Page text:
Copyright and You!

Jack Valenti, longtime MPAA president, proclaimed to a congressional panel in 1982 that the “VCR is to the American film producer and the American public as the Boston strangler is to the woman home alone.” Mike Masnick, who runs the influential Silicon Valley blog TechDirt, sees an acute irony in comparing the video recorder to a rapist and murderer. “Movie and television studios are now saying the biggest threat that online piracy poses to their business models is lost DVD sales and rentals,” Masnick says. “That market only exists because of the VCR.”

 

When I say I’m pro-piracy AND an artist, people always ask, “but wouldn’t you be upset to see your work pirated?” and the answer is no. So far as I’m concerned, individual pirates are not the problem, never have been and never will be.

The first book you ever read by your favorite author, did you buy it before you read it, or did you borrow it from a friend, the library, or even get it from a used book store? As a result of that “lost sale” the worst thing that happened was that the author then made other sales in future — think about it, how many of their books have you bought since then? How often have you suggested that book to someone else? How many copies have you bought as gifts?

I believe that people want to support their favorite artists, and I’m putting my money where my mouth is on this one. When my book is ready for publication, I’ll be releasing it in paperback via a small publisher who will set whatever price he thinks is appropriate, but have retained the e-book rights for myself, so I can offer the e-book as a pay-what-you-will download, which is to say, for free.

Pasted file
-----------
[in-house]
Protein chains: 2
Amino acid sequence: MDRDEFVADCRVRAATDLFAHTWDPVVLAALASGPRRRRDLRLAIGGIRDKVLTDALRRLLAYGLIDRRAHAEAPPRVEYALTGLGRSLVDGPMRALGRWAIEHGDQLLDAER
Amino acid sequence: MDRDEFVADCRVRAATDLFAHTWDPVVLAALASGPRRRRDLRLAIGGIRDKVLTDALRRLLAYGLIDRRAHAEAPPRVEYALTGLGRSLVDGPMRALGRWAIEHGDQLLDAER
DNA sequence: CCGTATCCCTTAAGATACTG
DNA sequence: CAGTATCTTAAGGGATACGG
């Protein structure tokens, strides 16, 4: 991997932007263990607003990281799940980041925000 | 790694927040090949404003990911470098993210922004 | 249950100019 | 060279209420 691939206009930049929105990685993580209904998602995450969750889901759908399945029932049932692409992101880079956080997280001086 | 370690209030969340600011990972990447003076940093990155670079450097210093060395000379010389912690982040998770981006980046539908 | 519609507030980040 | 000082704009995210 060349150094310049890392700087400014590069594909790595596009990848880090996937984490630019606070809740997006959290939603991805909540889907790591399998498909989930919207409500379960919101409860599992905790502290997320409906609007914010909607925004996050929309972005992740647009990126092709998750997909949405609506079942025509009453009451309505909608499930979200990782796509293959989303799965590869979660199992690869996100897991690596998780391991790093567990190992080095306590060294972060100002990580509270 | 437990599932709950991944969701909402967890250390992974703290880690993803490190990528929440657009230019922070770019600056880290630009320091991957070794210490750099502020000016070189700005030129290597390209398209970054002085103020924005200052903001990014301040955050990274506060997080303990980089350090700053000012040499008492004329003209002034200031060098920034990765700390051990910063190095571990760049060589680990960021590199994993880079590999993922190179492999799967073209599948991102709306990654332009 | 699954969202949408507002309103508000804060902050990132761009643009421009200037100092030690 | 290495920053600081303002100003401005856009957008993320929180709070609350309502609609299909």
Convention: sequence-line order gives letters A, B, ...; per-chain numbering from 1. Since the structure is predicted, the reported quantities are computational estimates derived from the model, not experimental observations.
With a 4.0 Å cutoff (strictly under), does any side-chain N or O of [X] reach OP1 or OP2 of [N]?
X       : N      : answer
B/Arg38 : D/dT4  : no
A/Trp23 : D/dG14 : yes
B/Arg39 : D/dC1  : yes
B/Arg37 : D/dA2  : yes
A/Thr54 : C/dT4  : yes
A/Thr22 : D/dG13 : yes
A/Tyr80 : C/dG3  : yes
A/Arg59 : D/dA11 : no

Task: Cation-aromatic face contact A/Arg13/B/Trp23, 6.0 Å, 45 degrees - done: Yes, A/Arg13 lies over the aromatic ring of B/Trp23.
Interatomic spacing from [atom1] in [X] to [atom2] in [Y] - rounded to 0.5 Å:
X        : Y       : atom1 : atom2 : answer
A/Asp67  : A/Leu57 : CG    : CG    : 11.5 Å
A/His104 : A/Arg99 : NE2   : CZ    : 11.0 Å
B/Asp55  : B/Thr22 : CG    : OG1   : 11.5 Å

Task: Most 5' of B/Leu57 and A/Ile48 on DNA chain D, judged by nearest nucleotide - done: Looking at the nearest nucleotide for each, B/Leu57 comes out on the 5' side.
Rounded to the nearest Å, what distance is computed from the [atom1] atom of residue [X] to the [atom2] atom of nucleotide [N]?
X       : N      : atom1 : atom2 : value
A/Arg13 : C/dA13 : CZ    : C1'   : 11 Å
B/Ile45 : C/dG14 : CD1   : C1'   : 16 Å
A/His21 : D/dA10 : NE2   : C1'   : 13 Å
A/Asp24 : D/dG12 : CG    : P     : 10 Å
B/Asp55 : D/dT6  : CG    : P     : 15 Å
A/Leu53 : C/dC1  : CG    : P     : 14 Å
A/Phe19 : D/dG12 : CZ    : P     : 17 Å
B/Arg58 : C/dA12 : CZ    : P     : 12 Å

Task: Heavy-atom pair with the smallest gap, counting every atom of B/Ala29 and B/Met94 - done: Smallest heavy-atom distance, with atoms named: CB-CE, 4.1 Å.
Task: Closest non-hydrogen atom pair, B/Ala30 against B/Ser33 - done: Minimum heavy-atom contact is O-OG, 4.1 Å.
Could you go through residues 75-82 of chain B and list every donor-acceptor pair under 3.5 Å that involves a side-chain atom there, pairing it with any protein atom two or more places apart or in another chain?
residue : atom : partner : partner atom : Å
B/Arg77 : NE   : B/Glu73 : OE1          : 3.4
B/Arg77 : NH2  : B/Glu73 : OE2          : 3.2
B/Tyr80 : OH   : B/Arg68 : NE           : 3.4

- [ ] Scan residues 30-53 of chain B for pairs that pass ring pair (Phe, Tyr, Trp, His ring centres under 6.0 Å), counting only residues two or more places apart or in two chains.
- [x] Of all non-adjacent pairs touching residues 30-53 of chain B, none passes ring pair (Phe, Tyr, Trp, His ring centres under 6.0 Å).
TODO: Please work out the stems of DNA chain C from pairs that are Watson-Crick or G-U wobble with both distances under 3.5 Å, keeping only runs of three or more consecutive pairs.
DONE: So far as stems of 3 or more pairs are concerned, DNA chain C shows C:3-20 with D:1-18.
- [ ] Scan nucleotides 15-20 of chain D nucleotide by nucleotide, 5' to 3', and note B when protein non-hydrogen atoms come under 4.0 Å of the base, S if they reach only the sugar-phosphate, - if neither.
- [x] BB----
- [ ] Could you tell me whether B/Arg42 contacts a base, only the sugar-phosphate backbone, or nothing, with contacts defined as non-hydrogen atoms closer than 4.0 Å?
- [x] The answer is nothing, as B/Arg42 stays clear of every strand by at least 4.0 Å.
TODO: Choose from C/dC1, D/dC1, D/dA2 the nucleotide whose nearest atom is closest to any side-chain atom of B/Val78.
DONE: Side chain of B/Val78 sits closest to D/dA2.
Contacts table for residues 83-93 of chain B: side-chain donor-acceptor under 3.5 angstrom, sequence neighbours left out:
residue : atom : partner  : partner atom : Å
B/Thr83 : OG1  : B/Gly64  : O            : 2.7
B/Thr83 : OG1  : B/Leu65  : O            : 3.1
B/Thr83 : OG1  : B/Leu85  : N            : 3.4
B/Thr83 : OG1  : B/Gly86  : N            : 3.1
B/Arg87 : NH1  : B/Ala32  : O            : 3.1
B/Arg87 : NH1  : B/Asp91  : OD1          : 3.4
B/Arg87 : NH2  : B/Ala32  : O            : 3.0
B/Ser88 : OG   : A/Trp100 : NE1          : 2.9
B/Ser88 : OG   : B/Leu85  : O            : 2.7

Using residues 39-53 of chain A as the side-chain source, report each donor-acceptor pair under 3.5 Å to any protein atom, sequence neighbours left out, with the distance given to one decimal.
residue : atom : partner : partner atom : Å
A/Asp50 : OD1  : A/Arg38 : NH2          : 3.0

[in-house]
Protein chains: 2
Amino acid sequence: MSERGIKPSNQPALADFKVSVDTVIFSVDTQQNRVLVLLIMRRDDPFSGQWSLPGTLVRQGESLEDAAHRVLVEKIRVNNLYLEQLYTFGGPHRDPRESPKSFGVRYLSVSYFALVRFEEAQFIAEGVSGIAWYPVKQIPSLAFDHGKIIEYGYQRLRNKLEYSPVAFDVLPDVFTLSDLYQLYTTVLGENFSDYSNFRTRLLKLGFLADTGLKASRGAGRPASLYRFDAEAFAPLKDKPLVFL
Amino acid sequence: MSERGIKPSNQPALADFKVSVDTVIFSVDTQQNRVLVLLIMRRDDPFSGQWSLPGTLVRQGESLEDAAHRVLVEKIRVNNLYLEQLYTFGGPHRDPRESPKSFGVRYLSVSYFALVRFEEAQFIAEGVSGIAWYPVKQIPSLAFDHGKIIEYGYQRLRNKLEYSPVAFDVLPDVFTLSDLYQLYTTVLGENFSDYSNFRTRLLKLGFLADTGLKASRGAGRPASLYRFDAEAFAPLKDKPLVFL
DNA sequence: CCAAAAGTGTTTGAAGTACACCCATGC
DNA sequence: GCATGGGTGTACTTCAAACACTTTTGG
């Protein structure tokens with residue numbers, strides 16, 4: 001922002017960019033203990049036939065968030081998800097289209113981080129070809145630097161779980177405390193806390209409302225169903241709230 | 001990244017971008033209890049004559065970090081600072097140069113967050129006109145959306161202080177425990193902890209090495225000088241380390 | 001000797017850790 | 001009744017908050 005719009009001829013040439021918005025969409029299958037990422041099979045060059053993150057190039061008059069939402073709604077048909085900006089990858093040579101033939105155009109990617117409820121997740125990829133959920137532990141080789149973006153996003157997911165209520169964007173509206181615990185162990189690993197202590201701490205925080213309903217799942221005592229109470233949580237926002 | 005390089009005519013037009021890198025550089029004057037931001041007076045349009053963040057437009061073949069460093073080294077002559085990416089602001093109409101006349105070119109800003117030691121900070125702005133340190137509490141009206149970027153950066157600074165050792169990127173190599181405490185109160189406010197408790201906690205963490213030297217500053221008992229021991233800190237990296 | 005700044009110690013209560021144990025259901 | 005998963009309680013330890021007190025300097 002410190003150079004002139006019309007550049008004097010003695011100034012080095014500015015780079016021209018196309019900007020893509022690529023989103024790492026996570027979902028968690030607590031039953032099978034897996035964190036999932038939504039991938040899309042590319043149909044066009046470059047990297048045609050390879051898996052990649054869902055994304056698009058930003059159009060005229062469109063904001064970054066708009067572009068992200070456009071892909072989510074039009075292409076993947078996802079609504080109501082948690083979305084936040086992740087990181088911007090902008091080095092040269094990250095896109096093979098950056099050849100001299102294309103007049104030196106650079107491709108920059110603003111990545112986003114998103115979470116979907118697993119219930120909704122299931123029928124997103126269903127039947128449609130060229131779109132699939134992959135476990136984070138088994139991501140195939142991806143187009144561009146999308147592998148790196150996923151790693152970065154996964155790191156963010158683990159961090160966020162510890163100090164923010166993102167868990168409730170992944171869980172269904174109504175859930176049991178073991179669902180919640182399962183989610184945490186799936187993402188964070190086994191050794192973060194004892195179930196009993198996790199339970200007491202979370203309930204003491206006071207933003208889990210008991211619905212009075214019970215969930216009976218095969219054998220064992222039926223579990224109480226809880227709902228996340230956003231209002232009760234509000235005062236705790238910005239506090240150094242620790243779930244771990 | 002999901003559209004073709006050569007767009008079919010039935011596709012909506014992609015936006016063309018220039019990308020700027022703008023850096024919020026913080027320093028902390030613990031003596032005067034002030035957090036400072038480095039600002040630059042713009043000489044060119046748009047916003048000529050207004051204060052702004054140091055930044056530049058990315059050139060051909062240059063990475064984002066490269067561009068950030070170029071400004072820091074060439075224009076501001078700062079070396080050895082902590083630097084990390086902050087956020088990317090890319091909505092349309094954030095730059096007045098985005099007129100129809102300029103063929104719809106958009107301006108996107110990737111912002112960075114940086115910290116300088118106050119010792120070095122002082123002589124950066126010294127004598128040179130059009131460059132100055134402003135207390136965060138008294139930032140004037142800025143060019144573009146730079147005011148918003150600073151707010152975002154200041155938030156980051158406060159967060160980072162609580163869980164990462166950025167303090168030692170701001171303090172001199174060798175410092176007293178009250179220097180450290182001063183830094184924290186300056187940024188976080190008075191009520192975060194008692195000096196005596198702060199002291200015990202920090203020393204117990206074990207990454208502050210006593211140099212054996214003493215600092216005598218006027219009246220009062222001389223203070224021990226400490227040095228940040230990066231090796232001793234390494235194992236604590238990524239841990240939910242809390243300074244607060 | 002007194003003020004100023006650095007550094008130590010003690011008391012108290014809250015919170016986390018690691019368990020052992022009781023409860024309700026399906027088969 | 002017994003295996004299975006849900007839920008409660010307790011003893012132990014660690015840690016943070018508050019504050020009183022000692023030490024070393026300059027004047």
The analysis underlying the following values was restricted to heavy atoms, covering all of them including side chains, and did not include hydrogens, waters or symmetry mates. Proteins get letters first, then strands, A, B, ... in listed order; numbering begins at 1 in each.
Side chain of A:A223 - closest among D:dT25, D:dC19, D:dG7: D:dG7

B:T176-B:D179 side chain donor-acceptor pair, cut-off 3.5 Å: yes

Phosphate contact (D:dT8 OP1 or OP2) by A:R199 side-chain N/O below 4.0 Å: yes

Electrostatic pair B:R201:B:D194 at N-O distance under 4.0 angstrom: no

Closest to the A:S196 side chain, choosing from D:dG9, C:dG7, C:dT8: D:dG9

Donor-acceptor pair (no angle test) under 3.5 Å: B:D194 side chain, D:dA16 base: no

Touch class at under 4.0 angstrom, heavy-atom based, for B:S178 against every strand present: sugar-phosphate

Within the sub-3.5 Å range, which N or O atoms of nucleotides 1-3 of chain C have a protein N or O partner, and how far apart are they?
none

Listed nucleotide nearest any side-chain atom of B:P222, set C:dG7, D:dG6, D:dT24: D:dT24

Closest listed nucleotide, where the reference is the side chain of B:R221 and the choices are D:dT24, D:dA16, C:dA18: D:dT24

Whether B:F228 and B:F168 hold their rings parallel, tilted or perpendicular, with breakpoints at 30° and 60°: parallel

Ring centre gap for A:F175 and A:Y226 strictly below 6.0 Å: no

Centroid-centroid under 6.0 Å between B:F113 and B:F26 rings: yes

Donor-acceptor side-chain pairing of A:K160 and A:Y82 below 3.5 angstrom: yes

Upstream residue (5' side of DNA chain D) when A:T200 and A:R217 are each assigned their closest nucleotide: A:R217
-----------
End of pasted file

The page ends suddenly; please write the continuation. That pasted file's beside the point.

Why? Because if the book is good, folks will recommend it, and I will make money. Maybe not much, but I believe that’s less the fault of the model, and more a result of the niche subjects I tend to choose. I never had any ideas of writing a best seller, but even so I could do quite well; the data I’ve seen so far suggests I may even make more than if I’d priced it traditionally.

As to the free copies? Well, people who aren’t willing to put down a little cash upfront, or even come back later and pitch me a few bucks probably weren’t ever going to buy the book anyway. It’s not like you can twist someone’s arm on a thing like that. Anyway, what I’ve read suggests the free copies simply average out the high dollar purchases, so in effect, those free copies are not lost sales, they’re free advertising. This is a tried and true model, remember shareware?

 

Also please note, the question is not, “do you want to see a factory in a third world country reproducing your work in shabby quality with the unsafe labor of children for pennies on the dollar and selling it at an outrageous markup to your unsuspecting fans?” Which, obviously, nobody wants — but US anti-piracy laws aren’t going to stop overseas factories from producing knockoffs. We need the governments in those countries to make and enforce their own laws in a way that works for them. Turning ordinary citizens into criminals isn’t the answer.

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